Conveyor Systems | Seattle, WA
Conveyors can greatly improve the efficiency and productivity of your warehouse while reducing labor costs.
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Automated conveyors and AS/RS implementations can boost the performance of your storage operations, improve warehouse safety and substantially reduce labor expenses.
Today’s conveyor systems can transport both individual cartons and entire pallets throughout your warehouse and they are an integral component of contemporary material handling design.
Conveyor systems are classified in three distinct categories for almost all material handling operations:
- Powered roller or belt conveyor systems (for package handling)
- Powered roller or chain systems (for pallet handling)
- Non-powered conveyors
Powered Package Handling Roller or Belt Conveyors
Powered roller or belt conveyors are generally used for lighter weight pieces like cartons and packages.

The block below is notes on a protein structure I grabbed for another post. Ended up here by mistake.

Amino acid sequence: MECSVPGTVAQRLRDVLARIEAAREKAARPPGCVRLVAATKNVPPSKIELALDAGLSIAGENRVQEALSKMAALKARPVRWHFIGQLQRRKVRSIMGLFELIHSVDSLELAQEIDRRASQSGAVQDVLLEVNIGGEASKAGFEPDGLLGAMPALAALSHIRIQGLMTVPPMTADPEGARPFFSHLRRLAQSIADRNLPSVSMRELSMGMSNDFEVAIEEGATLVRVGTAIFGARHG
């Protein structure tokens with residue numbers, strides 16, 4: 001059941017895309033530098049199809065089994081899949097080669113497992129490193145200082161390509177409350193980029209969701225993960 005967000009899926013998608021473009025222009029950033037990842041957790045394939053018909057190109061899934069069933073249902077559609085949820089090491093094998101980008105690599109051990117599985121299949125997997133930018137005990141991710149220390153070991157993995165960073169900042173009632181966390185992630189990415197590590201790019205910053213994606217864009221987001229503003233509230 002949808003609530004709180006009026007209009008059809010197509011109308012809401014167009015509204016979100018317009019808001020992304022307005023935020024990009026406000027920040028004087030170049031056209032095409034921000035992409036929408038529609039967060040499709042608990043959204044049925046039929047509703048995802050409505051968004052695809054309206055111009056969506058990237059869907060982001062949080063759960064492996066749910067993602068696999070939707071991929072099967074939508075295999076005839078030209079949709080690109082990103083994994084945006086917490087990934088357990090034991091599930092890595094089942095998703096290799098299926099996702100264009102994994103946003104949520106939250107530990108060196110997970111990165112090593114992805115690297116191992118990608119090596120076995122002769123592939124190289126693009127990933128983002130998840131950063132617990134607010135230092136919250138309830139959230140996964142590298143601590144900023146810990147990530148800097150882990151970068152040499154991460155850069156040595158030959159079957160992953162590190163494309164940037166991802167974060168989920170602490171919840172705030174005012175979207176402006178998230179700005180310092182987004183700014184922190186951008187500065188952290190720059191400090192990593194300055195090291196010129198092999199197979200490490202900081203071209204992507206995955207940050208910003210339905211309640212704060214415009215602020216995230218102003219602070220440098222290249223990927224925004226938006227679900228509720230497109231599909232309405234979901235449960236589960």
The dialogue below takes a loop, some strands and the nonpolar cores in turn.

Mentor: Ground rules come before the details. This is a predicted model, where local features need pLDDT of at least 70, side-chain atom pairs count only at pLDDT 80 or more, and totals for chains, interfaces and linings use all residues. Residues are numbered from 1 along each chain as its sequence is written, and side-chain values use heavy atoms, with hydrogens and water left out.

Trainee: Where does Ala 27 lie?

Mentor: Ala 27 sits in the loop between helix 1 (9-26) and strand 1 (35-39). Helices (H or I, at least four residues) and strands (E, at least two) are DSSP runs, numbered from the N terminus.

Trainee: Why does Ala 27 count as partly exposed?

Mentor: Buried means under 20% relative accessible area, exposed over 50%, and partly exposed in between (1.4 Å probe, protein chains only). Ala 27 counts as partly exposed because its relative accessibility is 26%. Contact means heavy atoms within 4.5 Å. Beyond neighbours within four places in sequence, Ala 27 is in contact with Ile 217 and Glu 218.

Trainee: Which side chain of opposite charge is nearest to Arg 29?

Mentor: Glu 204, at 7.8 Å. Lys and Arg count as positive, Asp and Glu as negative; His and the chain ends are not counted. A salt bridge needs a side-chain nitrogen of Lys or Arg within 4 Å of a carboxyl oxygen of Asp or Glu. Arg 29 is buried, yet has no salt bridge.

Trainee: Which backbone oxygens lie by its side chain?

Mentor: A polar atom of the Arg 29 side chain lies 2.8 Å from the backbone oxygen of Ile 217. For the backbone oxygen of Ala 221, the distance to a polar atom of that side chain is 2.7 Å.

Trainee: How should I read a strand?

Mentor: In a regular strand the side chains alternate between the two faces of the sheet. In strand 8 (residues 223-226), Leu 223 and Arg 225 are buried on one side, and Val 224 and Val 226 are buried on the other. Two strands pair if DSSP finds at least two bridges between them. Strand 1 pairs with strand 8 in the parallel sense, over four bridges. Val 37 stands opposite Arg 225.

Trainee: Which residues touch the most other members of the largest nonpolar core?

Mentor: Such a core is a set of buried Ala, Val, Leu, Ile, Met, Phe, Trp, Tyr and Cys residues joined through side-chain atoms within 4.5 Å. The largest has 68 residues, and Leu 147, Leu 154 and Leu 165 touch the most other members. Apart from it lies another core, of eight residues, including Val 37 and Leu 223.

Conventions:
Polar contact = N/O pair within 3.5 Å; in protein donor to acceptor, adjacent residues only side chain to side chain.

Belt systems are usually employed for advancing products along a line, while roller conveyers are used for collecting packages in specific areas along the line.
Used since the beginning of the 20th Century, belt conveyors are an indispensable piece of most material handling operations. Less expensive than roller options and oftentimes more appropriate for certain functions like moving lightweight products, belt systems are used in many material handling layouts.
Conveyor belts utilize a long, looped belt that sits atop a metal slider belt substructure or an array of non-powered rollers. Motor driven pulleys turn the belt and move items down the conveyor line.
Betl systems can be configured with an assortment of surfaces and materials depending on the purpose and role of the conveyor. For instance, a conveyor belt surface could be totally flat in areas where cartons need to be pushed off the line and may have a gripping surface on segments where products must be moved up inclines.